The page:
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Yoshihiro "Yosh" Uchida (born April 1, 1920) is an American businessman, entrepreneur, and educator who is best known for his contributions to judo. Uchida has been the head judo coach at San Jose State University for over 60 years, and has played a leading part in the development of the university's judo program.
Uchida is the child of Japanese immigrants who worked as farm laborers in California's Imperial Valley. Yosh studied biology at San Jose State, and in 1940 was made the student-coach of the Physical Education Department's judo program. During World War II, while members of his family were sent to internment camps, Uchida was drafted into the United States Army during World War II and served as a medical technician. He returned to San Jose State in 1946 to complete his degree and to restart the judo program.
After graduating in 1947, Uchida remained the coach at SJSU, a part-time position, while working as a laboratory technician at O'Connor Hospital and then at San Jose Hospital, before buying and operating a medical laboratory in 1956. During this time, Uchida and University of California, Berkeley judo coach Henry Stone began developing rules to allow their students to compete against each other, including a weight class system, moving judo away from a martial art for self defense to a sport for competition. Stone and Uchida persuaded the Amateur Athletic Union (AAU) to sanction judo in 1953; the first AAU National Championship in judo was held at San Jose State in that year.
Uchida was elected president of the Judo Black Belt Federation for 1960–1961. As president, Uchida represented the United States at the International Judo Federation meeting in Paris in 1961. At that meeting, the IJF voted to include the weight class system for all future international judo competitions.
In 1962, Uchida organized the first National Collegiate Judo Championship, which was held at the United States Air Force Academy. Uchida's San Jose State Spartans won the first of their over 40 national championships under his leadership at the inaugural tournament.
Uchida represented the United States as the team coach of the first Olympic Judo Tournament at the 1964 Summer Olympics in Tokyo. The team included two of Uchida's students from San Jose State, Ben Nighthorse Campbell and Paul Maruyama. James Bregman won a bronze medal in the under-80 kg class, becoming the first American to medal in the sport.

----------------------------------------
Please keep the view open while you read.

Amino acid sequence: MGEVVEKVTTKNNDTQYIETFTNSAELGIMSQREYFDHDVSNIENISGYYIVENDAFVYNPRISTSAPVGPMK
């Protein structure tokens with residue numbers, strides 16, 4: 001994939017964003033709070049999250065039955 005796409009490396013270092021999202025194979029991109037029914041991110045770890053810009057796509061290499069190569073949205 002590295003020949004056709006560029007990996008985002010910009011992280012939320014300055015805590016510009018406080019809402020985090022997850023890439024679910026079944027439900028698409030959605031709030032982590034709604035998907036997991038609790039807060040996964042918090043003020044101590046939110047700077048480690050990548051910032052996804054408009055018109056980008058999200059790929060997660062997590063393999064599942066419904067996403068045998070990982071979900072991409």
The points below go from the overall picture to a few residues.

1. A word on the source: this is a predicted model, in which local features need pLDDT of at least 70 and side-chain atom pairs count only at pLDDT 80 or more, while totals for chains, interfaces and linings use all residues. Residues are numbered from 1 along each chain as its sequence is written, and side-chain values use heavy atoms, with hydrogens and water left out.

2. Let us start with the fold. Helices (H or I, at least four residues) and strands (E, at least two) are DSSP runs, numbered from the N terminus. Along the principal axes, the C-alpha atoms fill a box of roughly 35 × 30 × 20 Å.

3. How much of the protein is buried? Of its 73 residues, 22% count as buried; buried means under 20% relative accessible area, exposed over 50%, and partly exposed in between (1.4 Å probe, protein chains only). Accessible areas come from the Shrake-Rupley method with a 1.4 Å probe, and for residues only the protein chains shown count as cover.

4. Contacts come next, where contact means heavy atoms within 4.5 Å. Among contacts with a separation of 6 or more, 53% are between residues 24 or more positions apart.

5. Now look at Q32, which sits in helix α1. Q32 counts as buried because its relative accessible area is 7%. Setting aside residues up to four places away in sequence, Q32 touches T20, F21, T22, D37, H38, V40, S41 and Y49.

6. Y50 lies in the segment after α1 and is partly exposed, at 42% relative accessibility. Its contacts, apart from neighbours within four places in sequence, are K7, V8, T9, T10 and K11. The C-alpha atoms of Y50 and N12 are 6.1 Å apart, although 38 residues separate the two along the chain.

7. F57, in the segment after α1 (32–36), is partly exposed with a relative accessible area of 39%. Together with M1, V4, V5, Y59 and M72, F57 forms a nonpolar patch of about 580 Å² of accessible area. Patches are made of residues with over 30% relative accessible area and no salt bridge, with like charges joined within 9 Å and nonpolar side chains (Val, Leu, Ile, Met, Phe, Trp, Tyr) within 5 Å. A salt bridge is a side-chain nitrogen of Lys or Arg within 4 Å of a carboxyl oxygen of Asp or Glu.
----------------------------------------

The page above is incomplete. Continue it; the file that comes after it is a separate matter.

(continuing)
Uchida continued promoting the sport after the 1964 Olympics. He organized the first U.S. High School Judo Championships and the first U.S. Open tournament, both hosted at San Jose State. As of 2012[update], his San Jose State Spartans judo teams have won 45 of the 51 National Collegiate Judo Championships. In February 2007, the San Jose State program was named one of six USA Judo National Training Sites.
By 1989, Uchida's laboratory business had grown to include forty locations. He sold the business to Unilab in that year for $30 million. He used the funds from the sale to found Uchida Enterprises, which is involved in real estate redevelopment in San Jose's Japantown neighborhood.
For his contributions to judo, Uchida was awarded the Order of the Sacred Treasure with Golden Rays in 1986 by Emperor Hirohito of Japan. He was inducted into the San Jose Sports Hall of Fame in 1996. Uchida has also received many awards from San Jose State, including the university's highest award (the Tower Award) in 1992 and an honorary Doctorate of Humane Letters in 2004. Additionally, the building on campus that houses the judo dojo was renamed "Yoshihiro Uchida Hall" in 1997. Coincidentally, Uchida's parents and brothers were processed in this building prior to being sent to an internment camp during World War II.
- 2004; Yeh, Emerald; ""Yoshihiro Uchida"; Asian Pacific Fund; url accessed January 1, 2007
- "History"; San Jose State University Judo; url accessed January 2, 2007
- Rhoden, William C. (April 1, 2012), "For 66 Years, a Force for Judo in the United States", The New York Times (New York, NY)
- 2002; "History of American Martial Arts: Judo"; American Black Belt Academy; url accessed January 2, 2007
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